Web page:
A House of Lords committee has urged the government to reject EU plans to introduce quotas for women on boards.
The HoL EU Committee called the EU’s plans to bring in a target of at least 40 per cent female board members by 2020 “misguided”.
The European Commission originally proposed a change in legislation in 2012 because, the it said: “The current figures for women on boards were too low and had not changed significantly for years.”
However, the British committee said that the EU approach is misguided, and that more efforts should be put into ensuring a supply of women from lower down the organisation and through into senior management roles.
In addition, the current voluntary targets set out by Lord Davies in his 2011 Women on Boards review have seen levels of female representation in the boardroom rise to more than 20 per cent. However, many critics have warned that the increase has been too slow. The government introduced Lord Davies’ voluntary target for publicly listed companies to have 25 per cent women on their boards by 2015.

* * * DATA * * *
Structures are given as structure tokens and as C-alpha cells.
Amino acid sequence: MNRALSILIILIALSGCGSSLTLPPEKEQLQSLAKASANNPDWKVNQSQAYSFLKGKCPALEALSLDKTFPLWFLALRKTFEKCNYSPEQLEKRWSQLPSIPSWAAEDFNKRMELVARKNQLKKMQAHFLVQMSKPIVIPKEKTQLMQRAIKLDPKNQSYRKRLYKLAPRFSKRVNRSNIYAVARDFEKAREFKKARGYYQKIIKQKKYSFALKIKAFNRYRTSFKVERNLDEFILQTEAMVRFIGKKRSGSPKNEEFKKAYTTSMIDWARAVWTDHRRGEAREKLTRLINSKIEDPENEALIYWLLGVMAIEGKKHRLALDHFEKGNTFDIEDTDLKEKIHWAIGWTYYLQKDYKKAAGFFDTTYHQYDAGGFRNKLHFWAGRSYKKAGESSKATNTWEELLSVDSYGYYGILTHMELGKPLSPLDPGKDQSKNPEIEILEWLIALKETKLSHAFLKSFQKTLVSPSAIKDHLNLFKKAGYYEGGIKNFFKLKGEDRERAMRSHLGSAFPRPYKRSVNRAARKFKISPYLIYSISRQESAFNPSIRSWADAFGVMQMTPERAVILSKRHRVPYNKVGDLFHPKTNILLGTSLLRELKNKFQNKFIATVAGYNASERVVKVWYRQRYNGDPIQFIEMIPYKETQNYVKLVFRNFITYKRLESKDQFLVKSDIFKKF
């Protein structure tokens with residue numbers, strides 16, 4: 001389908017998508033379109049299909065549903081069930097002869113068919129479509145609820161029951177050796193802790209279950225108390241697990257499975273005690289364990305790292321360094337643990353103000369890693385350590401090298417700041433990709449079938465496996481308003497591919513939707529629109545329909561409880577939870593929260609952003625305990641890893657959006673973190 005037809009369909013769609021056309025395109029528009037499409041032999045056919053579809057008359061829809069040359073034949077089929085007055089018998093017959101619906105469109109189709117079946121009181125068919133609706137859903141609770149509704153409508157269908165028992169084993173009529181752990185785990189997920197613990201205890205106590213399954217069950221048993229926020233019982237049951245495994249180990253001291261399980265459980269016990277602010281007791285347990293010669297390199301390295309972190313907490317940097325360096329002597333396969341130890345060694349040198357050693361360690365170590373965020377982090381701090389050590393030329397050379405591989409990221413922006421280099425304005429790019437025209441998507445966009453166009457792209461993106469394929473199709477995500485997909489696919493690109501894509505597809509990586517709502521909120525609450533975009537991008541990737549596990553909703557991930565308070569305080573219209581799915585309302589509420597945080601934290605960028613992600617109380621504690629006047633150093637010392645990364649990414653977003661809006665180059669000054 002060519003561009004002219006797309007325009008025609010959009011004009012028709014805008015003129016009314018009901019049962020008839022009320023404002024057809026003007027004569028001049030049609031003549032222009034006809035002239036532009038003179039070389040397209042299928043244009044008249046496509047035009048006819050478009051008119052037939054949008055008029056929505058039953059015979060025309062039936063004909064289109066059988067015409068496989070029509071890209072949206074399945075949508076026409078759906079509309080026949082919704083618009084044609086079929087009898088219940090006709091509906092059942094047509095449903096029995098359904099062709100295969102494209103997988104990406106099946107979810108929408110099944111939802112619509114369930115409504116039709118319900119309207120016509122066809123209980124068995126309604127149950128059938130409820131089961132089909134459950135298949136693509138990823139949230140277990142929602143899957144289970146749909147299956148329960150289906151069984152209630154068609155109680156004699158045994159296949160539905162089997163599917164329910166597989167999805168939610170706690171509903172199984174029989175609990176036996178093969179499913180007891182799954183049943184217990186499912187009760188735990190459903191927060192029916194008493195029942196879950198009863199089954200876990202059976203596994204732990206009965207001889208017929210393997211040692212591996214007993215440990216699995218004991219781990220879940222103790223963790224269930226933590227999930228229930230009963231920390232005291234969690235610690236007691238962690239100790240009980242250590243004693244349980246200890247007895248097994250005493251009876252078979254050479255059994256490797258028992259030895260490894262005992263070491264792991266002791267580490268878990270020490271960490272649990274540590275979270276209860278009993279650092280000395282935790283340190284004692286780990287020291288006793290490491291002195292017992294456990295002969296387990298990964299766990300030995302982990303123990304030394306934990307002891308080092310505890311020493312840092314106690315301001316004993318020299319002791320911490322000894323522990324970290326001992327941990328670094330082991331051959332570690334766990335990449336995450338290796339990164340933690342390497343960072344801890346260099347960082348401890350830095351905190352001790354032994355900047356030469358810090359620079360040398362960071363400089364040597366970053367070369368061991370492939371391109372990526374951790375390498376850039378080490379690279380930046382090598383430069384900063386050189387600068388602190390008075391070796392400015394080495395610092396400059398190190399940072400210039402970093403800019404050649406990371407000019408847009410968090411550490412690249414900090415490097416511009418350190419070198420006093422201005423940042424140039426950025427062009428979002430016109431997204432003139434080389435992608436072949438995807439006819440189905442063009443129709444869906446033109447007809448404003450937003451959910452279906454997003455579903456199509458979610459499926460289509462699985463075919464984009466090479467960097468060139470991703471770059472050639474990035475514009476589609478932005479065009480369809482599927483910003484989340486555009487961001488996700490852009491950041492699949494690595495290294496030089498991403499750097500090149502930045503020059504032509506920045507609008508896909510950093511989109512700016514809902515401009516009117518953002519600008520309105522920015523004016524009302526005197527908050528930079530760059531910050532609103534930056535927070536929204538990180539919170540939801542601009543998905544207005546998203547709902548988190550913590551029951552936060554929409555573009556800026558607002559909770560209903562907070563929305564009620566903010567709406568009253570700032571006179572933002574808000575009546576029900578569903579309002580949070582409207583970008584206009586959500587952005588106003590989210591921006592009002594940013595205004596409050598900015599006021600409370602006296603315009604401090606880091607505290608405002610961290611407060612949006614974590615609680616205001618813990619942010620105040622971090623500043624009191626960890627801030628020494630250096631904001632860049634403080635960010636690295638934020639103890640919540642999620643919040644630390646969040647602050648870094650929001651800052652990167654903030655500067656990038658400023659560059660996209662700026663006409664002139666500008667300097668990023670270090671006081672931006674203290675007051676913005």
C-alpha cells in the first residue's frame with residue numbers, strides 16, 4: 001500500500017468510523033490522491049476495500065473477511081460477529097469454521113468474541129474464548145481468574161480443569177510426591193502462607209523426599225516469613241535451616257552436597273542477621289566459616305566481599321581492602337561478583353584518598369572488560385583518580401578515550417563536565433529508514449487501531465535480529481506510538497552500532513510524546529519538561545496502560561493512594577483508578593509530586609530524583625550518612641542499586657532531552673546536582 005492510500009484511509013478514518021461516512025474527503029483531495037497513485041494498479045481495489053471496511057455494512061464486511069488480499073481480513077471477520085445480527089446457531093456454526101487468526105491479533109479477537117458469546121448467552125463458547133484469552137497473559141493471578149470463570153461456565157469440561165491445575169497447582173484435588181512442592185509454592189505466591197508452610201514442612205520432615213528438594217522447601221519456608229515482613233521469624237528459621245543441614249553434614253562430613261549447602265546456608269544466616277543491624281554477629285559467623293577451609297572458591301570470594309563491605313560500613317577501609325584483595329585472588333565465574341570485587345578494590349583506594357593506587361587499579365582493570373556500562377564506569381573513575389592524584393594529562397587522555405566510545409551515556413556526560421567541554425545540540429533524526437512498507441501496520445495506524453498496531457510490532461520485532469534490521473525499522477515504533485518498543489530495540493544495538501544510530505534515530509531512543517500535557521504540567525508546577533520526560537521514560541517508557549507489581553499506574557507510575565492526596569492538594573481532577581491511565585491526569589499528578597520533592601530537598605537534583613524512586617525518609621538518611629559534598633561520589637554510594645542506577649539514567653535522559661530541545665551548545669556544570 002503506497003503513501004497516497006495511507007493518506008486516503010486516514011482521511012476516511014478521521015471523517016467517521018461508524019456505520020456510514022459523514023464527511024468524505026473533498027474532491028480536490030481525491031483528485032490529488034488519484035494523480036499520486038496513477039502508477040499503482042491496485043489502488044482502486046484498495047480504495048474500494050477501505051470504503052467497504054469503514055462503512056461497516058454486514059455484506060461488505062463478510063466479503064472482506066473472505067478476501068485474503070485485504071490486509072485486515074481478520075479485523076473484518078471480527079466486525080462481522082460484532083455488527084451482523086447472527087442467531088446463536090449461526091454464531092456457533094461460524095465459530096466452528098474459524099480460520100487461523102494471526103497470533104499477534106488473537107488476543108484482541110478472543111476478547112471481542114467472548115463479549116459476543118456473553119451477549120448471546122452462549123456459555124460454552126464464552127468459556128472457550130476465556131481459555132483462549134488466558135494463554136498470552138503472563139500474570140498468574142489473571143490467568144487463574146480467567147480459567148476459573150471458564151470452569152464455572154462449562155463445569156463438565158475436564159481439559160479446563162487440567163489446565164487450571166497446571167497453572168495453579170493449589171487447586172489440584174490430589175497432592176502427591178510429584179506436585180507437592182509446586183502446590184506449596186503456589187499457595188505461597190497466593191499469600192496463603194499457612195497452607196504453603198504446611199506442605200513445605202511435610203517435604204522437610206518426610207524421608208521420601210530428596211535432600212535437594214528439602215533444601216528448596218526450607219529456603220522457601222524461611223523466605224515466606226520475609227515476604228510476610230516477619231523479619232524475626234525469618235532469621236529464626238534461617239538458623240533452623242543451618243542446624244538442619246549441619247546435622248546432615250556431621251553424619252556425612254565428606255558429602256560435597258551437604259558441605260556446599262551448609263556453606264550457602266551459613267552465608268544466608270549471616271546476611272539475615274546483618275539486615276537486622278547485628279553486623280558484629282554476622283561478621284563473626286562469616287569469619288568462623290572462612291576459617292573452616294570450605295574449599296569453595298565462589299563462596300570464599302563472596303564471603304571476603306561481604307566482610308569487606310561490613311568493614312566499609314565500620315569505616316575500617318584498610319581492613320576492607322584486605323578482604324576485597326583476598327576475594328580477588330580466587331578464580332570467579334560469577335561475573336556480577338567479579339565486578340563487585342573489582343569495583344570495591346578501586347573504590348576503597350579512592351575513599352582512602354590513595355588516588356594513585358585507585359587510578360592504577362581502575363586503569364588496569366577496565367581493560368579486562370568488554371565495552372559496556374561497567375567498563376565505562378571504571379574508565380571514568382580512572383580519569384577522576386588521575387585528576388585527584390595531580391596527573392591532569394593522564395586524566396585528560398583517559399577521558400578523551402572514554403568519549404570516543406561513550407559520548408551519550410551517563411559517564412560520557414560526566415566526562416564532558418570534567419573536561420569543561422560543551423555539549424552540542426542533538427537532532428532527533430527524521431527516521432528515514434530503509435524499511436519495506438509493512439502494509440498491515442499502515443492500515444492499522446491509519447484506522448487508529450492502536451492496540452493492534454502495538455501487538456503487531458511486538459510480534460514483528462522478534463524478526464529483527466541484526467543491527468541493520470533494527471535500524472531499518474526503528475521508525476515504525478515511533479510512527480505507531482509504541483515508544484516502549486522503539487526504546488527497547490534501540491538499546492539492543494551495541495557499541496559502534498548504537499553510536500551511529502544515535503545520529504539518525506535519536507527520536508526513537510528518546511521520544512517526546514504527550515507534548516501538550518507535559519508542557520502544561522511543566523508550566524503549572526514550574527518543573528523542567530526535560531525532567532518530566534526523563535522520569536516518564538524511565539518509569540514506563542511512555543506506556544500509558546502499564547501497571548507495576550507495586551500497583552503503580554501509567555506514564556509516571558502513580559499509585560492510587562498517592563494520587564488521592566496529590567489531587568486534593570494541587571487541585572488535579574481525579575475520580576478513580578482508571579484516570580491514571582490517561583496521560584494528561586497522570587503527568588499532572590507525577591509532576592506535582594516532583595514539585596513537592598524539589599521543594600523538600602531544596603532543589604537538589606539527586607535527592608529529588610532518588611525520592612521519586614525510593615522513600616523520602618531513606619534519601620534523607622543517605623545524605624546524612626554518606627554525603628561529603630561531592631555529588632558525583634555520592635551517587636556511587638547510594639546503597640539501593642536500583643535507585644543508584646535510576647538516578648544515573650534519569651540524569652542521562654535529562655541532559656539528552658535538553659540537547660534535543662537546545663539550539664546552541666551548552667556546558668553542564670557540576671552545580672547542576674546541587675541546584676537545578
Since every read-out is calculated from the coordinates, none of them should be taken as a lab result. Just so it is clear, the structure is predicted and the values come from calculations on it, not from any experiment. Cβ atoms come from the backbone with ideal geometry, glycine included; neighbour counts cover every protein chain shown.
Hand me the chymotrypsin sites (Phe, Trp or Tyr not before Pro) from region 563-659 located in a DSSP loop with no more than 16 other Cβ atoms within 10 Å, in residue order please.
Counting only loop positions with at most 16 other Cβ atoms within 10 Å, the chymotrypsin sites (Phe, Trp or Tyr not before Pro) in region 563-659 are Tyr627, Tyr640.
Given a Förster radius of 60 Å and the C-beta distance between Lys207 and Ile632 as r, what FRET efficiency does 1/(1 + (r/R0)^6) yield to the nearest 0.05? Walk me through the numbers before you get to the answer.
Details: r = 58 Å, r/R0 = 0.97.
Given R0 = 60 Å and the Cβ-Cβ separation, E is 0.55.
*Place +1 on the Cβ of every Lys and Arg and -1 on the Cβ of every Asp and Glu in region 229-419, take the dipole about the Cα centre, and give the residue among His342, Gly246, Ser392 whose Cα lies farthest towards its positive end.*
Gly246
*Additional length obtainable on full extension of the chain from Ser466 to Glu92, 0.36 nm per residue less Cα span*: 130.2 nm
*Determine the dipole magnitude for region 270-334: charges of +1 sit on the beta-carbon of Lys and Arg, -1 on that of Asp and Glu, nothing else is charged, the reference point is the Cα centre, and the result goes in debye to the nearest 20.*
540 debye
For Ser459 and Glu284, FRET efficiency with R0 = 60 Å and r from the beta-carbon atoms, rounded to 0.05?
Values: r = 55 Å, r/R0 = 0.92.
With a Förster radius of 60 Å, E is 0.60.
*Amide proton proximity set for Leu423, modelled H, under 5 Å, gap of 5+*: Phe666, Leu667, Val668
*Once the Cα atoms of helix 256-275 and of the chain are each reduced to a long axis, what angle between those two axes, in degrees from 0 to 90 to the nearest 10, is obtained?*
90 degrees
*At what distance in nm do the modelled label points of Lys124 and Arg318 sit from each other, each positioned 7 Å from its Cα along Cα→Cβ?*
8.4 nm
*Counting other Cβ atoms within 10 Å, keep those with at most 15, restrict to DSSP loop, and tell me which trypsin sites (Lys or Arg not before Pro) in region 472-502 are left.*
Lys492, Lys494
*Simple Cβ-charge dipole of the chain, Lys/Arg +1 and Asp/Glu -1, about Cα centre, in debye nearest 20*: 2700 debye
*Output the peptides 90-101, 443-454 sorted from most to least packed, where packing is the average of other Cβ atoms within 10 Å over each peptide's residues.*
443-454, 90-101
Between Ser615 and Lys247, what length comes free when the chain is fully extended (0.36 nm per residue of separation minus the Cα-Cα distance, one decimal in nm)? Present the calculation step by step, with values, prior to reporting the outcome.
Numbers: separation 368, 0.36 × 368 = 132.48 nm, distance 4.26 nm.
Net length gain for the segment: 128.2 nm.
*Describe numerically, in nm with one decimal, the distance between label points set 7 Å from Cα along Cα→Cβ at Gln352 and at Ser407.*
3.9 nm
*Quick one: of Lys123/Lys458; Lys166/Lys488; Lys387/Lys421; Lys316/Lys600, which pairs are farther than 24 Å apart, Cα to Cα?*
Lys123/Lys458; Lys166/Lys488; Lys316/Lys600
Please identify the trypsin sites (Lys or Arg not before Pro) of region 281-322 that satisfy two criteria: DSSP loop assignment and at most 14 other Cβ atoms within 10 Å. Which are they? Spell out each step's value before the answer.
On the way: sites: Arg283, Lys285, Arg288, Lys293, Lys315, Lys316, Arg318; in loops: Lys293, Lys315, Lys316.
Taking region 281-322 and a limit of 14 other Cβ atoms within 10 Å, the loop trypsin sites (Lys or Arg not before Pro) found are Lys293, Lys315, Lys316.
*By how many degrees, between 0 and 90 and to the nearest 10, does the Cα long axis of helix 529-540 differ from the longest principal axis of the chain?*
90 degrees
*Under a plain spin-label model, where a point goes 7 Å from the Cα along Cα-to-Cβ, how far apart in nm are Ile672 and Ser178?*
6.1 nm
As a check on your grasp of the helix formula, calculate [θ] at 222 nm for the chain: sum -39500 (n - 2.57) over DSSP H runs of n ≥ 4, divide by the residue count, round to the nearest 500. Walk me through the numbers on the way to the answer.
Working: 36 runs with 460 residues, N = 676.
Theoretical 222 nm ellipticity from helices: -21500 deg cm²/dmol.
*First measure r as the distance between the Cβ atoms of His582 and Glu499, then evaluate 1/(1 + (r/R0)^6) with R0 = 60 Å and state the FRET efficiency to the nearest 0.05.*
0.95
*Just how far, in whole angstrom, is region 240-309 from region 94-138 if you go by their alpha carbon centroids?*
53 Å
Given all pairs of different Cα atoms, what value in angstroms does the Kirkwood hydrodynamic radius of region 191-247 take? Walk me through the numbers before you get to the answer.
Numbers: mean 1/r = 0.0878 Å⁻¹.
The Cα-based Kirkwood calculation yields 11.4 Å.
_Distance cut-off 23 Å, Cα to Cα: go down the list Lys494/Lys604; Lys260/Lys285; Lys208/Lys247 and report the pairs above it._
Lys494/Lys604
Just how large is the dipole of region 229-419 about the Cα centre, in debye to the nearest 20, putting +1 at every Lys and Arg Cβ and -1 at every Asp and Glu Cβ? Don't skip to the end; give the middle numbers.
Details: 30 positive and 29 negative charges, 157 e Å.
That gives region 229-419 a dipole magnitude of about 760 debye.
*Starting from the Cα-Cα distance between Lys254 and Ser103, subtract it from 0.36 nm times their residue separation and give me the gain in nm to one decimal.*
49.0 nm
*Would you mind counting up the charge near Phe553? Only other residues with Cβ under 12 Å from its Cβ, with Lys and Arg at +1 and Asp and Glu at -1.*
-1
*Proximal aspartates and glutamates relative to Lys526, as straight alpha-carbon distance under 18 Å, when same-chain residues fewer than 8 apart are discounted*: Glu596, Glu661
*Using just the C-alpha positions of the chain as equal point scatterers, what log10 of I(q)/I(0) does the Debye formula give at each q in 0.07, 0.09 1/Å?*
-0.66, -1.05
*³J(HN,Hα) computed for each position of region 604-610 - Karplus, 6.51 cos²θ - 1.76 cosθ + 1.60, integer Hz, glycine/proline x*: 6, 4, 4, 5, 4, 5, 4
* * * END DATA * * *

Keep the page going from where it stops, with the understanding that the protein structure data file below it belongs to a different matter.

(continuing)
The committee has urged the UK government to stick with its self-regulatory approach, which has resulted in good progress (currently above the EU average) without the need to resort to quotas.
Baroness O’Cathain, committee chairman, said: “Returning to the issue of women on boards after our original 2012 report, we can see that the UK and other Member States are making encouraging progress in addressing the number of women on boards, albeit still too low.
“However, we still feel that our original conclusions from that report still hold good – namely that quotas fail to address the underlying cause of gender inequality, and that Member States need to foster a sustainable change at the heart of business instead of resorting to quotas. In particular, we believe that a stronger flow of women into, and up, the company ranks, would get us to where we want to be.
“We urge the government to stand firm in its position against this directive. We would also like the government to clarify its intentions should the directive be agreed at EU level – for example, would the government look to demonstrate that it can meet the objective using national measures, thereby exempting itself from the proposal?”